Helios 58mm f2.0 – Swirly Bokeh

Simon Gamble Film Helios 58mm f2 Charlie
Helios 58mm f2 review
Simon Gamble Film Helios 58mm f2
Simon Gamble Film Helios 28mm f2
Simon Gamble Film Helios f2 58mm

Today, I had chance to put the Helios 58mm f2 through its paces. I specifically set out to achieve the ‘swirly bokeh’ look so I wouldn’t say this is a substantial ‘test’ by any means… but hopefully my initial thoughts will be useful.

Most will recognise the 58mm Helios as a characterful lens – with ‘swirly bokeh’ being the most prominent feature.

Shooting with the lens is straight-forward, with manual aperture and focus rings. It uses the M42 thread mount but adapters are plentiful on auction sites. Bear in mind that – owing to the sensor distance on some cameras – you may require a glass adapter to reach infinity focus. I chose the Kippon M42 adapter for my Nikon D7000 – it’s well made and the optics are pretty sharp.

I took the lens out on a dog walk, with the intention of using leafless trees in a nearby wood as a backdrop. The hope was the complex scenery of bare trees, twigs and winter leafs would encourage the swirly bokeh characteristics.

In reality, my dog isn’t as well-behaved as the images may suggest. Which meant I had less time than desired to set up shots. That, combined with windy conditions and a pregnant partner, dictated this would be a quick shoot.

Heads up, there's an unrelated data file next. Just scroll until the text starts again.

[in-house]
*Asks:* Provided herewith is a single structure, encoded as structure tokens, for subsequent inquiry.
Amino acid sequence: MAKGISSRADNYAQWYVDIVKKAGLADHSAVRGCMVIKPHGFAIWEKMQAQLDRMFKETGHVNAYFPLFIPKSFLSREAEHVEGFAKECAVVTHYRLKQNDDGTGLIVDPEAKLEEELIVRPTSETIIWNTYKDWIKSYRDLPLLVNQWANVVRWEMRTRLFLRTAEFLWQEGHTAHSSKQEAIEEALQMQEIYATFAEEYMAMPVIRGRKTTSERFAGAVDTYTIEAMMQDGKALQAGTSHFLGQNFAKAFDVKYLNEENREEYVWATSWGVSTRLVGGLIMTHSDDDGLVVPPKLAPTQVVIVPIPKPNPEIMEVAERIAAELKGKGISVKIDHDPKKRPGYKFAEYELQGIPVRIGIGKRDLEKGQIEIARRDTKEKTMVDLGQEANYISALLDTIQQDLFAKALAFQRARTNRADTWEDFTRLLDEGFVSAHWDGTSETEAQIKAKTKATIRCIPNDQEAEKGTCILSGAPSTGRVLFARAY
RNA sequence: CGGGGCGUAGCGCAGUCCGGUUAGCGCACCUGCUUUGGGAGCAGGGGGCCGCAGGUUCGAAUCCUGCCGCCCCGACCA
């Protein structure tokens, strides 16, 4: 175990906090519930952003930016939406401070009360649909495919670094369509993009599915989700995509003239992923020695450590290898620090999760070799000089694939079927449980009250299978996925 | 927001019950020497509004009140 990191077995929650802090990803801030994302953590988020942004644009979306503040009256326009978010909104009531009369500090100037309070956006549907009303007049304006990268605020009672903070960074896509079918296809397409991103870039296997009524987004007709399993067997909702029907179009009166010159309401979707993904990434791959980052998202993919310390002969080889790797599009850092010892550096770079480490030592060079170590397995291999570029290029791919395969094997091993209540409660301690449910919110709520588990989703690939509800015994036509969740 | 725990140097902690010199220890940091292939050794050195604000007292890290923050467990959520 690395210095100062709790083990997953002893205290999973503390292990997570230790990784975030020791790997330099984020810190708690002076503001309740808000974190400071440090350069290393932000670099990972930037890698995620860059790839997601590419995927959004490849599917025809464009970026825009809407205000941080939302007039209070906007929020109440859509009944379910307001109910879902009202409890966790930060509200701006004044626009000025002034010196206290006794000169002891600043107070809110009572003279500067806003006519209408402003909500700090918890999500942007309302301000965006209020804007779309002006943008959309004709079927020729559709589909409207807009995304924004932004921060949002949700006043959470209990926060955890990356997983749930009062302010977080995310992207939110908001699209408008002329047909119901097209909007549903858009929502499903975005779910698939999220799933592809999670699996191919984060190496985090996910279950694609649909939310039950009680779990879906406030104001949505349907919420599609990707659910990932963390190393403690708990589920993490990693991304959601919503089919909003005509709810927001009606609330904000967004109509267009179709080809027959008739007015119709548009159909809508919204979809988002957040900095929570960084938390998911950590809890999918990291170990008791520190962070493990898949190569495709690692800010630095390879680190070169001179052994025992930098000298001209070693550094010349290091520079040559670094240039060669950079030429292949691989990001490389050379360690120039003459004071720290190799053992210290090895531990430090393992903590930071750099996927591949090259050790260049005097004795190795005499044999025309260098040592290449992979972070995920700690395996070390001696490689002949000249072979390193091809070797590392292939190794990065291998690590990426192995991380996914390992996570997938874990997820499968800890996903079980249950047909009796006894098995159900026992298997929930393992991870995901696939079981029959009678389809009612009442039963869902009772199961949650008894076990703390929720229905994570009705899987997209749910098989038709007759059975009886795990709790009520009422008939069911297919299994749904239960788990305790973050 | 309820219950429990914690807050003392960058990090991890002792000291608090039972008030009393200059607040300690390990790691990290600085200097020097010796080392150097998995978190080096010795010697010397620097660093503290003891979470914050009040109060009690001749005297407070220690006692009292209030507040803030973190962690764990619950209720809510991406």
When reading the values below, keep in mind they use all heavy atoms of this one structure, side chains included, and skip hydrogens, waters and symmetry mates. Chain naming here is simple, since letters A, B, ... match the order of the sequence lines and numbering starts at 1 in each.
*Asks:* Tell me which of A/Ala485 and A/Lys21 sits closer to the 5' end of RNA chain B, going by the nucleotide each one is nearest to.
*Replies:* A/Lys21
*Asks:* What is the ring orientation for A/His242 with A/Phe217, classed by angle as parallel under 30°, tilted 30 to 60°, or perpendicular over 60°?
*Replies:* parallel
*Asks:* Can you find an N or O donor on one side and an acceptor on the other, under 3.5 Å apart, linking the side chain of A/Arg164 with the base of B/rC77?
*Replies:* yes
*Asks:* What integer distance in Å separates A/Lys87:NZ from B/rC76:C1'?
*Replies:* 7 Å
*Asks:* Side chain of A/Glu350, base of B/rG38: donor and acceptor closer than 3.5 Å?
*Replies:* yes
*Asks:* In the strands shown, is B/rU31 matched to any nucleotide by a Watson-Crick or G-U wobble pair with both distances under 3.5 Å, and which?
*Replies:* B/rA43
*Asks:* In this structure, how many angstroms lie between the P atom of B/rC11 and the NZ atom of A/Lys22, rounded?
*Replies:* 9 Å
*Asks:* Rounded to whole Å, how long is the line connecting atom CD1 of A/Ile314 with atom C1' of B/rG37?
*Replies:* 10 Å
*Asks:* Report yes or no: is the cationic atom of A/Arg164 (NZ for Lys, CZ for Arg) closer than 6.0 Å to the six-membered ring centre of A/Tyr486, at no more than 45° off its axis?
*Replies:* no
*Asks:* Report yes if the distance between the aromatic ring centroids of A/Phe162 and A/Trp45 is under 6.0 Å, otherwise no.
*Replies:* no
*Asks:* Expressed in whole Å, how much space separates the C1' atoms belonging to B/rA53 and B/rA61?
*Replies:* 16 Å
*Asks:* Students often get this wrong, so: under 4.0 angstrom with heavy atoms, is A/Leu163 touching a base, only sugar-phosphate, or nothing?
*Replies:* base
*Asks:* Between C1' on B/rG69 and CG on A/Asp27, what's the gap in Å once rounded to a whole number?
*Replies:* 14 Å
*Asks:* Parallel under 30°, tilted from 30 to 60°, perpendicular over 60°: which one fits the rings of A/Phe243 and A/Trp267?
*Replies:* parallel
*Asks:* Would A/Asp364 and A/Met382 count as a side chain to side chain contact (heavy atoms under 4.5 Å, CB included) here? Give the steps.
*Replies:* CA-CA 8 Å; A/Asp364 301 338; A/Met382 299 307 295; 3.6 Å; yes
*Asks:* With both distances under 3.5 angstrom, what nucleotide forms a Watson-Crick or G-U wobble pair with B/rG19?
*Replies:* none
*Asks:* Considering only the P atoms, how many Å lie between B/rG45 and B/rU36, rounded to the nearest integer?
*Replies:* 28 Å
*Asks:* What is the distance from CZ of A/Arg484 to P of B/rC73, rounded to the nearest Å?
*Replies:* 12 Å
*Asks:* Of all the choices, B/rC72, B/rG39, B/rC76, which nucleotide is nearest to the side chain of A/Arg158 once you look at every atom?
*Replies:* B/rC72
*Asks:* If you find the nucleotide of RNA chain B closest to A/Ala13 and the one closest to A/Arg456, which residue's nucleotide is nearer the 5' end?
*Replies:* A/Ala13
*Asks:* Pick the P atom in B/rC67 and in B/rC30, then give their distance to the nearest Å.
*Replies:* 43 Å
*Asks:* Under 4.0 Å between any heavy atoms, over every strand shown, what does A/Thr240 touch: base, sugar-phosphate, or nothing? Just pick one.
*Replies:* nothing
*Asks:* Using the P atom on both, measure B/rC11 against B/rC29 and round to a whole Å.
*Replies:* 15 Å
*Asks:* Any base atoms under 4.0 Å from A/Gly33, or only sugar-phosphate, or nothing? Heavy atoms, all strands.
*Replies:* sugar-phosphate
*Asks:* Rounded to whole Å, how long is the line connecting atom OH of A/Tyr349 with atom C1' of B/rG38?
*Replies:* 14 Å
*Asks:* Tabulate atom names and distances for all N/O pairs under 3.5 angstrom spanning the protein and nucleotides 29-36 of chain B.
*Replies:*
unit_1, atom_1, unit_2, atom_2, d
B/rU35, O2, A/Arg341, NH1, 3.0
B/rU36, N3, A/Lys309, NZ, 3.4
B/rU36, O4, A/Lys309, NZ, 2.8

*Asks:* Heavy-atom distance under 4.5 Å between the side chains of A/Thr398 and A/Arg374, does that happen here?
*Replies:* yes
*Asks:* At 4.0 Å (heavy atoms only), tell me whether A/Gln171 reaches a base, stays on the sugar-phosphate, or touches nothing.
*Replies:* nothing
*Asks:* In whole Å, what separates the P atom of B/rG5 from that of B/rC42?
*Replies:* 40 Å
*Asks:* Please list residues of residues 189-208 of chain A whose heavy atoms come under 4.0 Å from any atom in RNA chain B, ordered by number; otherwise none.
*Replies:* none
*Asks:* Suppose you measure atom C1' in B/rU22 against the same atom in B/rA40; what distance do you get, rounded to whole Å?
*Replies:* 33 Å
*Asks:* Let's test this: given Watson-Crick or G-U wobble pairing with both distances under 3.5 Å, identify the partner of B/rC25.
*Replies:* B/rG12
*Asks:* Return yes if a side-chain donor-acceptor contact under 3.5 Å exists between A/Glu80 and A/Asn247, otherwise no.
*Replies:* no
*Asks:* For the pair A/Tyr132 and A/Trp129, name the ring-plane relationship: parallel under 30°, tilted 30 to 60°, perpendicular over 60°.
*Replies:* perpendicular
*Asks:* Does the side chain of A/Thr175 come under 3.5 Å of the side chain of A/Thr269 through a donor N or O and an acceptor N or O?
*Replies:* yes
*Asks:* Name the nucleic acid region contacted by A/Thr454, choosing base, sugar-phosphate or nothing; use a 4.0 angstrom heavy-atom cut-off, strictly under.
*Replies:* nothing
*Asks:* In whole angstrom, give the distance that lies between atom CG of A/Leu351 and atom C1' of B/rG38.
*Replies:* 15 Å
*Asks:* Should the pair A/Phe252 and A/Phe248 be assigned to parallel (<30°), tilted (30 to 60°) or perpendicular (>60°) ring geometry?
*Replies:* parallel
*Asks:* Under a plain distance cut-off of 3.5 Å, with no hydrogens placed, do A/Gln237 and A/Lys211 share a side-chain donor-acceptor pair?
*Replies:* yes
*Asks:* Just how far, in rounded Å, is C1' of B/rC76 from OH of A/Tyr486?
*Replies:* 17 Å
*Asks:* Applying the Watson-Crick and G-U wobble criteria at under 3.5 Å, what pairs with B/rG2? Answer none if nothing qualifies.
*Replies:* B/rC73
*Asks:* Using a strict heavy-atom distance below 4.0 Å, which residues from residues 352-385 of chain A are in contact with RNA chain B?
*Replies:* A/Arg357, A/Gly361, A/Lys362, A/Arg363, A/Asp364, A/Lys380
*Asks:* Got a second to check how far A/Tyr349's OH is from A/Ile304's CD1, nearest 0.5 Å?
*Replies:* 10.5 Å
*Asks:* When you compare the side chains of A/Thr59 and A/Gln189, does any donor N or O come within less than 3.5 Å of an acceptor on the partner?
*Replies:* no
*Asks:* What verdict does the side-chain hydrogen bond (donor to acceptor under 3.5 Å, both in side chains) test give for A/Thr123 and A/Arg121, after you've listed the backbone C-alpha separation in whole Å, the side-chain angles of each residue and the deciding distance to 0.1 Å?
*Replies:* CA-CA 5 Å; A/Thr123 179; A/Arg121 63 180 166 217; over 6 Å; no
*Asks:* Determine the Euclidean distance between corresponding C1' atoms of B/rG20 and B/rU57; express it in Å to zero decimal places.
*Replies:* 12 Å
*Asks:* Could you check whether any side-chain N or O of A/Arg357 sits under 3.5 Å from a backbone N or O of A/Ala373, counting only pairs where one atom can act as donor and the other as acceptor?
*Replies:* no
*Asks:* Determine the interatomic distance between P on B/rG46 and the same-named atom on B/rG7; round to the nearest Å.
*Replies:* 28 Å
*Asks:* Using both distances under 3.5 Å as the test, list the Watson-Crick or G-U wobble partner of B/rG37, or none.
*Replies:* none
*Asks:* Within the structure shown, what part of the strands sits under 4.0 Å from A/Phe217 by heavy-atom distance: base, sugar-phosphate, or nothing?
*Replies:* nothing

With that in mind – I kept the lens wide open at f2 and experimented with various distances of separation between foreground and background. The focus ring is tiny, really tiny, which made focusing pretty tricky at f2, so I most definitely wouldn’t recommend this as a ‘run and gun’ type of lens.

During editing, I found that the bokeh wasn’t as noticeable as anticipated (I failed) but it did show some swirling characteristics – which is noticeable particularly in the first gallery image of Charlie (my dog) laid down.

I do believe, given more time to experiment, I could’ve achieved some more impressive results. Mainly by changing the foreground/background separation and perhaps using a background with even more detail.

A few blogs suggest that taking the lens apart and inverting the front glass will produce more drastic swirls. I don’t doubt this. However, at the moment, I have a perfectly serviceable lens with plenty of character and I’m reluctant to risk destroying it.

Overall, I’m really impressed with the Helios. Although the results weren’t quite as extreme as I’d imagined,  I’m looking forward to getting to know it more.

Some more general observations/considerations are as follows:

  1. It does get soft towards the edges but the lens as a whole is surprisingly well-behaved.
  2. It’s generally a soft image wide open.
  3. Shoot f5-f7 for the sharpest image.
  4. Expect to pay between £20-£30 for one without fungus or scratches.

I’ll report back as I experiment more with the lens over the coming months.

Written by Gaffer

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